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Pregnancy warnings signs


WebMD Medical Reference
Medically Reviewed by Dr Rob Hicks

If you are pregnant, there are some warning signs that shouldn’t be ignored and may need prompt medical attention, or you may want to put your mind at ease.

If you’re concerned about anything during your pregnancy - even if it's not one of these symptoms - always seek medical advice or talk to your midwife or GP.

Vaginal bleeding (with or without cramping and pain)

Some spotting or light bleeding during pregnancy can be normal and not a sign of a serious problem. However, it is important to make sure and to find out the cause promptly. Heavy vaginal bleeding could be a sign of miscarriage or ectopic pregnancy.

What to do: If you are concerned, seek medical advice from your midwife or GP. You may be referred for an ultrasound scan or other tests.

Excessive nausea and vomiting

Morning sickness, or nausea and vomiting in pregnancy, also called NVP, is common and normal in the first trimester. It doesn't present a risk to the growing baby and usually clears up by the 12th or 14th week of pregnancy. However, if vomiting or sickness becomes excessive, it can have serious implications. Excessive vomiting can lead to weight loss, dizziness, dehydration and an imbalance of electrolytes. A serious form of morning sickness, called hyperemesis gravidarum, may require admission to hospital to treat dehydration.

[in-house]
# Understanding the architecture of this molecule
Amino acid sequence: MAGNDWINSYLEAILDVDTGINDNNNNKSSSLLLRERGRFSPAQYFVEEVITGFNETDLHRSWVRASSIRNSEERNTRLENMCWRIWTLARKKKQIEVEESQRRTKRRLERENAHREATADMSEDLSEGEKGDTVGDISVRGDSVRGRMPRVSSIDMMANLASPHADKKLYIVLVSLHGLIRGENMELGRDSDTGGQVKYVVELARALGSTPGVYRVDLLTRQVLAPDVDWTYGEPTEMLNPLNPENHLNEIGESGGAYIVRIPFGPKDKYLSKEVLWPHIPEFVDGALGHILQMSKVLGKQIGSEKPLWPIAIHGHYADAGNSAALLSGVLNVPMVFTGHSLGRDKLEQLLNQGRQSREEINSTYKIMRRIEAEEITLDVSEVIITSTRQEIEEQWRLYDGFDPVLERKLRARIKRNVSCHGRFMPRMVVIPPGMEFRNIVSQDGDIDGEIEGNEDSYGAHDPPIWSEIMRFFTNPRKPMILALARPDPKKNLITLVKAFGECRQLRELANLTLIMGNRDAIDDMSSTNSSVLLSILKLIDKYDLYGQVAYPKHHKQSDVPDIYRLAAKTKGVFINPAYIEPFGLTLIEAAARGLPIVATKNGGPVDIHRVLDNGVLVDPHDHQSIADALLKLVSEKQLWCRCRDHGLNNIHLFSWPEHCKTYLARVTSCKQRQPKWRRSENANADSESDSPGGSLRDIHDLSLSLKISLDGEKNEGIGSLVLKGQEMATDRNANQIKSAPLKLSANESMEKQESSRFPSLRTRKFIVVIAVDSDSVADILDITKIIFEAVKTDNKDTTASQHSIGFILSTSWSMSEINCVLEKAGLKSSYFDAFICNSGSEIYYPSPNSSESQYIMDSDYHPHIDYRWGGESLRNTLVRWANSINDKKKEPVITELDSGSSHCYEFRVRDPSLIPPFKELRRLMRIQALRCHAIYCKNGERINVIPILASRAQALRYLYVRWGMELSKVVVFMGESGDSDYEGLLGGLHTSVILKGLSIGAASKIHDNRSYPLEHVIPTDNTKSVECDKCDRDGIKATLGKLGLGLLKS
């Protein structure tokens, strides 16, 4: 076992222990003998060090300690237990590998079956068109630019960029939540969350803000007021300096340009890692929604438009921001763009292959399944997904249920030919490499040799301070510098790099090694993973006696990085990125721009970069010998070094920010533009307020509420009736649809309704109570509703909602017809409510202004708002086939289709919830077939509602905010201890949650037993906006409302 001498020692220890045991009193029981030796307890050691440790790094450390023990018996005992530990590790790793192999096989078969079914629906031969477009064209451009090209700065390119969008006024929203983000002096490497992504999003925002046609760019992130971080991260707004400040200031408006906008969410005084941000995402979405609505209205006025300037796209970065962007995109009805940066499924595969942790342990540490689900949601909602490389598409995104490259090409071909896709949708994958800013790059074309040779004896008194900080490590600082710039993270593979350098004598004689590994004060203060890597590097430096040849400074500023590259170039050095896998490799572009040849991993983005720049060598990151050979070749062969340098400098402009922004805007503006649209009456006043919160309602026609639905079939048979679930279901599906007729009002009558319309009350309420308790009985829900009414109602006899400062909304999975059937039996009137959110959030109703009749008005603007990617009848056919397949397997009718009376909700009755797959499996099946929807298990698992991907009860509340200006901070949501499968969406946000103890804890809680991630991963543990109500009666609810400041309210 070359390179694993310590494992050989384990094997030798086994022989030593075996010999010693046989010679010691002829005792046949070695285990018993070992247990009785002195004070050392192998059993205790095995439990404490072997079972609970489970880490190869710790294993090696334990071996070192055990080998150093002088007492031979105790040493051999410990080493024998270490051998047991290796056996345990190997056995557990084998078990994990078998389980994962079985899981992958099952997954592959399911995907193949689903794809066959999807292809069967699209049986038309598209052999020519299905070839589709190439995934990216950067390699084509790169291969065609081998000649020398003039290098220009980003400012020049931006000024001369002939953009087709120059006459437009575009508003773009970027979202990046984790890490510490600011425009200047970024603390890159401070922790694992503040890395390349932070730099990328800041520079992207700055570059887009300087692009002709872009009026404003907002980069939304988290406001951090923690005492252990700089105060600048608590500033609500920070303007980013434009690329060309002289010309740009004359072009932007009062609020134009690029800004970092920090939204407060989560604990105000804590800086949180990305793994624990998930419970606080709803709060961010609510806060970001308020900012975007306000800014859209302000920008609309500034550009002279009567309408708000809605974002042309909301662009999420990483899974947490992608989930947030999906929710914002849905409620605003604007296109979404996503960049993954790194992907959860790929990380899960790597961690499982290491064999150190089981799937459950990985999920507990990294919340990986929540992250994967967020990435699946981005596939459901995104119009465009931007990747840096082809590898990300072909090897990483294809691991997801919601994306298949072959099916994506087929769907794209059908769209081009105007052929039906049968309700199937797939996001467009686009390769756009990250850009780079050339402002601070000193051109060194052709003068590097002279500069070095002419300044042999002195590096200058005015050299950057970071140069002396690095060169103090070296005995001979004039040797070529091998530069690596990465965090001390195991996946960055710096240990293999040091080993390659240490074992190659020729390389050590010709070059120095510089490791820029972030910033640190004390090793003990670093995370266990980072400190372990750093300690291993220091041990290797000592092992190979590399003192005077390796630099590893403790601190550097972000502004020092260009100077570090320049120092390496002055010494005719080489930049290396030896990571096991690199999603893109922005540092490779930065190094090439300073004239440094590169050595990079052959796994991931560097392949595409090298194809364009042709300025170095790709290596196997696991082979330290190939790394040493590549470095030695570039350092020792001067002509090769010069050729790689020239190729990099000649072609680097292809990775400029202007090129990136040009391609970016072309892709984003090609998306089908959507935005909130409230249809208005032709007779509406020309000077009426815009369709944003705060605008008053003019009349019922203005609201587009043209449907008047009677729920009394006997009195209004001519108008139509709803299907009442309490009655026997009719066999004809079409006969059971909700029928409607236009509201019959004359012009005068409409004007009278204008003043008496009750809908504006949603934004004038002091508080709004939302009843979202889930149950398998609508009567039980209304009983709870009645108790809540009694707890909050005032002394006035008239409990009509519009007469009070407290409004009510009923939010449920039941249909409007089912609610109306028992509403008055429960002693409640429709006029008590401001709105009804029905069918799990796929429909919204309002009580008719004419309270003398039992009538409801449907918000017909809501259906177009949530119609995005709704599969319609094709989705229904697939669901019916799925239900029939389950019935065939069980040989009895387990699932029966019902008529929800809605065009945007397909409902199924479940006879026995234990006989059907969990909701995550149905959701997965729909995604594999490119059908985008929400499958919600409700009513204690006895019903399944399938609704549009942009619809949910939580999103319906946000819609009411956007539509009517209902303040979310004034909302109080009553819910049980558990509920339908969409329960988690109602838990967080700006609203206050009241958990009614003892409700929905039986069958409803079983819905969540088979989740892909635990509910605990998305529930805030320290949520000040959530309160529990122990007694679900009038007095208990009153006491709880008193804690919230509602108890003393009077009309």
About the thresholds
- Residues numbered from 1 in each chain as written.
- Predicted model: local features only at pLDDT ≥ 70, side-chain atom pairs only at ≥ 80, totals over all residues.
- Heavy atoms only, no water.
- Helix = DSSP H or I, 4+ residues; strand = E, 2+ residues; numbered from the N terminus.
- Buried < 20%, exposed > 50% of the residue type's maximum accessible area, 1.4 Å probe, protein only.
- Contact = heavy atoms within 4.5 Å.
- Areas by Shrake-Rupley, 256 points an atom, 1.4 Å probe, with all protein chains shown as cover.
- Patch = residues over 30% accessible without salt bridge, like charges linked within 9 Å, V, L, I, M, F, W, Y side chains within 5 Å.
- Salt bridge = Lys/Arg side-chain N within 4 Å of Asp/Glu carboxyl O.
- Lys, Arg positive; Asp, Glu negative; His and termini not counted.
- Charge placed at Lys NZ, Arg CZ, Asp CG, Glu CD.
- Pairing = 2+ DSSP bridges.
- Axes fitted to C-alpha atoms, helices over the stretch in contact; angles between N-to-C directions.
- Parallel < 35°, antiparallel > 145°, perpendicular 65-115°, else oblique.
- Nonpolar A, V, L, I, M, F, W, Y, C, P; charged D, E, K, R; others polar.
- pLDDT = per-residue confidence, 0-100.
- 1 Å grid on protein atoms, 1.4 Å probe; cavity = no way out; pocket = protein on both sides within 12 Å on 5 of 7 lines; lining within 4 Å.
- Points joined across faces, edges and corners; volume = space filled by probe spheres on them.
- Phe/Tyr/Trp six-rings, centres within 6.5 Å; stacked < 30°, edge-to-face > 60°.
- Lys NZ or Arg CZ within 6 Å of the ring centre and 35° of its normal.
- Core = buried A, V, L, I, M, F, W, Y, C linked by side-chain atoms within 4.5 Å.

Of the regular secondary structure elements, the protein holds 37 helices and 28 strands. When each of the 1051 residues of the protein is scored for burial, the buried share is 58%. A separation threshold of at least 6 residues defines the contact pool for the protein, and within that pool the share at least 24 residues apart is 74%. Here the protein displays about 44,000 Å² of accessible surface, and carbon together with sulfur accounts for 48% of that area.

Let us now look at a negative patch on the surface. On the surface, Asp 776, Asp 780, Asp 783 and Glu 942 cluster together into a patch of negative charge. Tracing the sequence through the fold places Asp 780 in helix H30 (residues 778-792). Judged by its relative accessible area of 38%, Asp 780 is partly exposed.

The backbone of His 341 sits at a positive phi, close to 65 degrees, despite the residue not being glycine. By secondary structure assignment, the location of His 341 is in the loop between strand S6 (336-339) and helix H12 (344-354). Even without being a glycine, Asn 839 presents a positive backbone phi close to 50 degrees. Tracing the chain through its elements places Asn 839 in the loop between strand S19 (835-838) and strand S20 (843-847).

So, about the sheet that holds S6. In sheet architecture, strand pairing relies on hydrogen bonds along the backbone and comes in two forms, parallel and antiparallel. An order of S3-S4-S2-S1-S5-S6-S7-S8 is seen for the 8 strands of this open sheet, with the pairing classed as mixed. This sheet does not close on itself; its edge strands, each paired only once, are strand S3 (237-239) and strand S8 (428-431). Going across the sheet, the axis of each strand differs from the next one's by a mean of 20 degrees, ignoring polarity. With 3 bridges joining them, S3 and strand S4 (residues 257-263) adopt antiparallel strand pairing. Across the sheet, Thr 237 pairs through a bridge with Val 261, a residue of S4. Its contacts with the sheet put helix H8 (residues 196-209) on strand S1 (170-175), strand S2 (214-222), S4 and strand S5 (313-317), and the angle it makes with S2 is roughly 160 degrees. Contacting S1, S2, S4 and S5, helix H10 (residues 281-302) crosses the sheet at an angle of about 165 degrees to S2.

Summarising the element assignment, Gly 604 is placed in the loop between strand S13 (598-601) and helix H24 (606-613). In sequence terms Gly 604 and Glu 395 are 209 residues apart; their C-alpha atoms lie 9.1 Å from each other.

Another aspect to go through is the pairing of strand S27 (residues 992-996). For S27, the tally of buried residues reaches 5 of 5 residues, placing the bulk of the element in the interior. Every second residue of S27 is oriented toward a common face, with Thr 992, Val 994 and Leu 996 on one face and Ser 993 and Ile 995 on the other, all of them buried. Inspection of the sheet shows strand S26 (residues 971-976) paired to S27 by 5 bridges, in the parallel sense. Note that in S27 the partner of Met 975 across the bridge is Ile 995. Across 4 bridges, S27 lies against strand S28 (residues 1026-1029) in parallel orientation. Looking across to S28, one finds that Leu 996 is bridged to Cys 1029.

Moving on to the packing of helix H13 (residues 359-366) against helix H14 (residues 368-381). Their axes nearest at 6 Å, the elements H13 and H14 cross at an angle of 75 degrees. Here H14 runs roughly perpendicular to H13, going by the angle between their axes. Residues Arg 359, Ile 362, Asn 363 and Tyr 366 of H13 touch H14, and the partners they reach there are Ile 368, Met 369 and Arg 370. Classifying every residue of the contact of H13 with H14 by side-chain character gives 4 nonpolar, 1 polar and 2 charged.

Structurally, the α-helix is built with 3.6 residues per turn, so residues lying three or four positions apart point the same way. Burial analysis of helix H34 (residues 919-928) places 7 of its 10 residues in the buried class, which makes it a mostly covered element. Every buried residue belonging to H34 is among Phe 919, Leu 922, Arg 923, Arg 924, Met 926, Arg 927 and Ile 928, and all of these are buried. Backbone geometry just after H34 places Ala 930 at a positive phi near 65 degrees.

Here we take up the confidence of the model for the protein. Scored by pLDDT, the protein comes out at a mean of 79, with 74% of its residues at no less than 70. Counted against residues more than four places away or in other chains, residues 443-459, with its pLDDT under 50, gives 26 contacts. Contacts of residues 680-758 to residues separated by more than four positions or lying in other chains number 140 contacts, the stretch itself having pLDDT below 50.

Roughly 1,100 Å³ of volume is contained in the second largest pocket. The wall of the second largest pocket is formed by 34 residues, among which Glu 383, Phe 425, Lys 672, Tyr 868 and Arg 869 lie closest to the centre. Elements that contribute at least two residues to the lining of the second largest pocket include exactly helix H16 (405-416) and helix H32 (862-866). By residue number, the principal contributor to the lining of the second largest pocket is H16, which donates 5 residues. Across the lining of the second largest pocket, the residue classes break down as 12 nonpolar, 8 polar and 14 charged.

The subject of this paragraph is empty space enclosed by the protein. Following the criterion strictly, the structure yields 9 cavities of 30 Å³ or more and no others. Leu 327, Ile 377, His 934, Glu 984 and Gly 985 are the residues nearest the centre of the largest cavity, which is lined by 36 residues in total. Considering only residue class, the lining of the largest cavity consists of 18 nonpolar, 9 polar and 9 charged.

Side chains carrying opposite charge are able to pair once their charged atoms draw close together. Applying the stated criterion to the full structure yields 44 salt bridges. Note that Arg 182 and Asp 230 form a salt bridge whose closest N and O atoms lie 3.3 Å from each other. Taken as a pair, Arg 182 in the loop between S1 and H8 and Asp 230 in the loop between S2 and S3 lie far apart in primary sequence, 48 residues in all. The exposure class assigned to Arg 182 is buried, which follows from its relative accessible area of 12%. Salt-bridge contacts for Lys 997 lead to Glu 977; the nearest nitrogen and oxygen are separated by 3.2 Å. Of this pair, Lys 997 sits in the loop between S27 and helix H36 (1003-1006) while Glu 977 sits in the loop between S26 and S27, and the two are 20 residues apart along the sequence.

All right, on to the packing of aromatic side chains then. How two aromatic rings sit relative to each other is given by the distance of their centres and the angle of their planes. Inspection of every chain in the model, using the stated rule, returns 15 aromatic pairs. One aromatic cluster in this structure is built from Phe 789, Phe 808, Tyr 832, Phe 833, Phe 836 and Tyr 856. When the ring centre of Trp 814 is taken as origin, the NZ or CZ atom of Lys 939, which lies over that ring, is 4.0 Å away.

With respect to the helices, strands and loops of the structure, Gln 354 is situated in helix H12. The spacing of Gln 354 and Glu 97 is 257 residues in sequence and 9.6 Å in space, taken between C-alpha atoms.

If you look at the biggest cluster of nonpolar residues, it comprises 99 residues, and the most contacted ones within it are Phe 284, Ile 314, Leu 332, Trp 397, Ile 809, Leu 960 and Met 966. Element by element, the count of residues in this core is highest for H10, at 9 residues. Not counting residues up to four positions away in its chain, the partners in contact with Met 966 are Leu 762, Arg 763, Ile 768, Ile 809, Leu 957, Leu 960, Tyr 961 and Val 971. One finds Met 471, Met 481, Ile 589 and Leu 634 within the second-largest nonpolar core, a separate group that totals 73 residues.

What to do: Contact your GP or midwife straight away if you:

  • Have urine that is very dark or hasn't been passed for more than eight hours
  • Experience repeated vomiting
  • Have blood in vomit
  • Cannot keep food or drink down for 24 hours
  • Feel very weak, dizzy or faint when you stand up
  • Have tummy or abdominal pain
  • Have a fever of 38C (100.4F) or higher temperature
  • Experience a fast, racing heart rate

Fever or raised temperature

A very high temperature during pregnancy may be a serious sign. Pregnant women are at a higher risk of complications of flu, which is why a flu jab is now advised during pregnancy.

A high body temperature during the first trimester can also be associated with birth defects known as neural tube defects because the neural tube forms during the first trimester.

Raised temperatures during pregnancy that are accompanied with other symptoms such as muscle aches may be a sign of infection such as cytomegalovirus (CMV), toxoplasma and parvovirus. 

The baby and pregnancy charity Tommy's recommends pregnant women without cold and flu symptoms but a temperature above 37.5 C see a doctor as it could indicate an infection. If the temperature is over 39C, call the midwife or doctor immediately as infection is more likely.

What to do: If you are concerned, seek medical advice from your midwife or GP.

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